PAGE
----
With media companies in North Australia reducing staff and shifting into smaller premises in some instances , this large billowing for lease banner on the Murdoch Townsville Bulletin office has raised eyebrows and questions. Is the paper moving , down-sizing ? It is not very old , built to replace the former CBD one found to contain asbestos . In recent weeks the Murdoch owned Cairns Post announced three experienced staff members have departed .
One , Nick Trompf, had been with News Corp Australia for 30 years , his latest role general manager of regional publishing . Two other "stalwarts" who went were pictorial editor Marc McCormack , winner of three Walkley Awards , after 17 years, and sub editor Arthur Ingham , after 11 years, who had started his career in Johannesburg and also worked in Hong Kong .
A while back a sign on the small Channel 10 studio in Townsville announced it was not closing, just moving into a smaller office . This was before Channel 10 ran into trouble , its future now uncertain . For many months there has been a for sale sign on the Cairns building in which Channel 7 is located .
Darwin staff at Channel 9 has been cut , evening news to be compiled in Queensland. This resulted in an angry response from locals, one businessman suggested pulling advertisements in protest. In what was seen as a defensive reaction to the threat of pulling adverts , the Murdoch Northern Territory News said this would be counter productive to survival of jobs and the station , perhaps fearful that similar protest action could be taken against the paper if it scales down operations in the future ?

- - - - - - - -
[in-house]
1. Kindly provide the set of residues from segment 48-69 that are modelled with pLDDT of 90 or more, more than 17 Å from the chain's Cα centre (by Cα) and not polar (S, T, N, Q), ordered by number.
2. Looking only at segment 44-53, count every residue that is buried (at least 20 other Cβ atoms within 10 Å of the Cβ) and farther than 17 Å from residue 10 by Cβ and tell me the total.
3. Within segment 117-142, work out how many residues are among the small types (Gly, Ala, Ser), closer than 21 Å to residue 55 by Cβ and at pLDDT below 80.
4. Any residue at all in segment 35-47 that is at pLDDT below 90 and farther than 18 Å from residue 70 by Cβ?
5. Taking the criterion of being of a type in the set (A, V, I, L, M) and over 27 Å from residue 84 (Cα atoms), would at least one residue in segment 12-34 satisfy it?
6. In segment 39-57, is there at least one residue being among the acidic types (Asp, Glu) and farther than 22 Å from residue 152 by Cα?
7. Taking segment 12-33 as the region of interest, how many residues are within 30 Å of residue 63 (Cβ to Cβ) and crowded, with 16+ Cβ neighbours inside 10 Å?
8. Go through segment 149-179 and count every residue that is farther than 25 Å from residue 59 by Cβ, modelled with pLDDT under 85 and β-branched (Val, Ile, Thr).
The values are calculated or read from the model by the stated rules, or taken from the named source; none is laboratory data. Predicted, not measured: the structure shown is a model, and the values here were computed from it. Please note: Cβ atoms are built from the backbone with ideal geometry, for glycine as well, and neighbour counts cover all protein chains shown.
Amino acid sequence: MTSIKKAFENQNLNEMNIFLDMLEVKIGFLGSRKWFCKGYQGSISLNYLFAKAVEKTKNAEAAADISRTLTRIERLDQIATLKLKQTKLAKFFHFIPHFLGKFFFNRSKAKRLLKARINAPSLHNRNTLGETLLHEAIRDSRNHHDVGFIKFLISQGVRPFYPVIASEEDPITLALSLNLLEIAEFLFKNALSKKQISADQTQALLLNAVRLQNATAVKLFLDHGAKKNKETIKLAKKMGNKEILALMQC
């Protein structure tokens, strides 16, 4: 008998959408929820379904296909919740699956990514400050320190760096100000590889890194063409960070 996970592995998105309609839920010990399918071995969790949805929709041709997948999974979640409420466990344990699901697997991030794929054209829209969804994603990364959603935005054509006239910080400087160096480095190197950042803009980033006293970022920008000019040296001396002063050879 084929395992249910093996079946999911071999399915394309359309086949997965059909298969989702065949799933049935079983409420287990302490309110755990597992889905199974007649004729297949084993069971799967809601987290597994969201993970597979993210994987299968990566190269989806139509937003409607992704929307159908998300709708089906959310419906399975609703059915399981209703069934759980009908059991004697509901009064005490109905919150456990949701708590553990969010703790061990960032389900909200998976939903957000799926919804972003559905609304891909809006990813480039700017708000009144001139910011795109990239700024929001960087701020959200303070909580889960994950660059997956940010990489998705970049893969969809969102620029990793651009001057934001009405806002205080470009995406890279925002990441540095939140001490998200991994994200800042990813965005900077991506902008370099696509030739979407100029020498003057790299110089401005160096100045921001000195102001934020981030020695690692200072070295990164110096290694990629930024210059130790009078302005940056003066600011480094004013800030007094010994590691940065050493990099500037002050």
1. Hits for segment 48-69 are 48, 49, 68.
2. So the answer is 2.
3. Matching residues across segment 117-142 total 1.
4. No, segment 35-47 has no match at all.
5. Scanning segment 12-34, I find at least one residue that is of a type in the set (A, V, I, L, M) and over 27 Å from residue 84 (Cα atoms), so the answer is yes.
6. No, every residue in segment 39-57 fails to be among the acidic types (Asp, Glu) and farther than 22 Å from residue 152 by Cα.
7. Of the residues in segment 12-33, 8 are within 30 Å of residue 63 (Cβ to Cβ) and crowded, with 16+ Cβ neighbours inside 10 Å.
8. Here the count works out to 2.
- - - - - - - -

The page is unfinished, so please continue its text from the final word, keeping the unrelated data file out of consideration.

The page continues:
So what is going on at the Townsville Bulletin , which it is widely believed will become a tri-weekly in the near future ?Speak to newsagents in Townsville and Cairns and they freely admit they expect the local Murdoch papers to be cut to three a week , there eventually being no hard copy newspapers due to smart phones and digital copies.
While the Townsville Bulletin recently stopped production of the free weekly Townsville Sun , which became an insert in the Bulletin , the Cairns equivalent is still running as an insert . Both Suns , as was the original in Darwin many decades ago , were designed to stymie competitors, anyone thinking of starting up a new publication .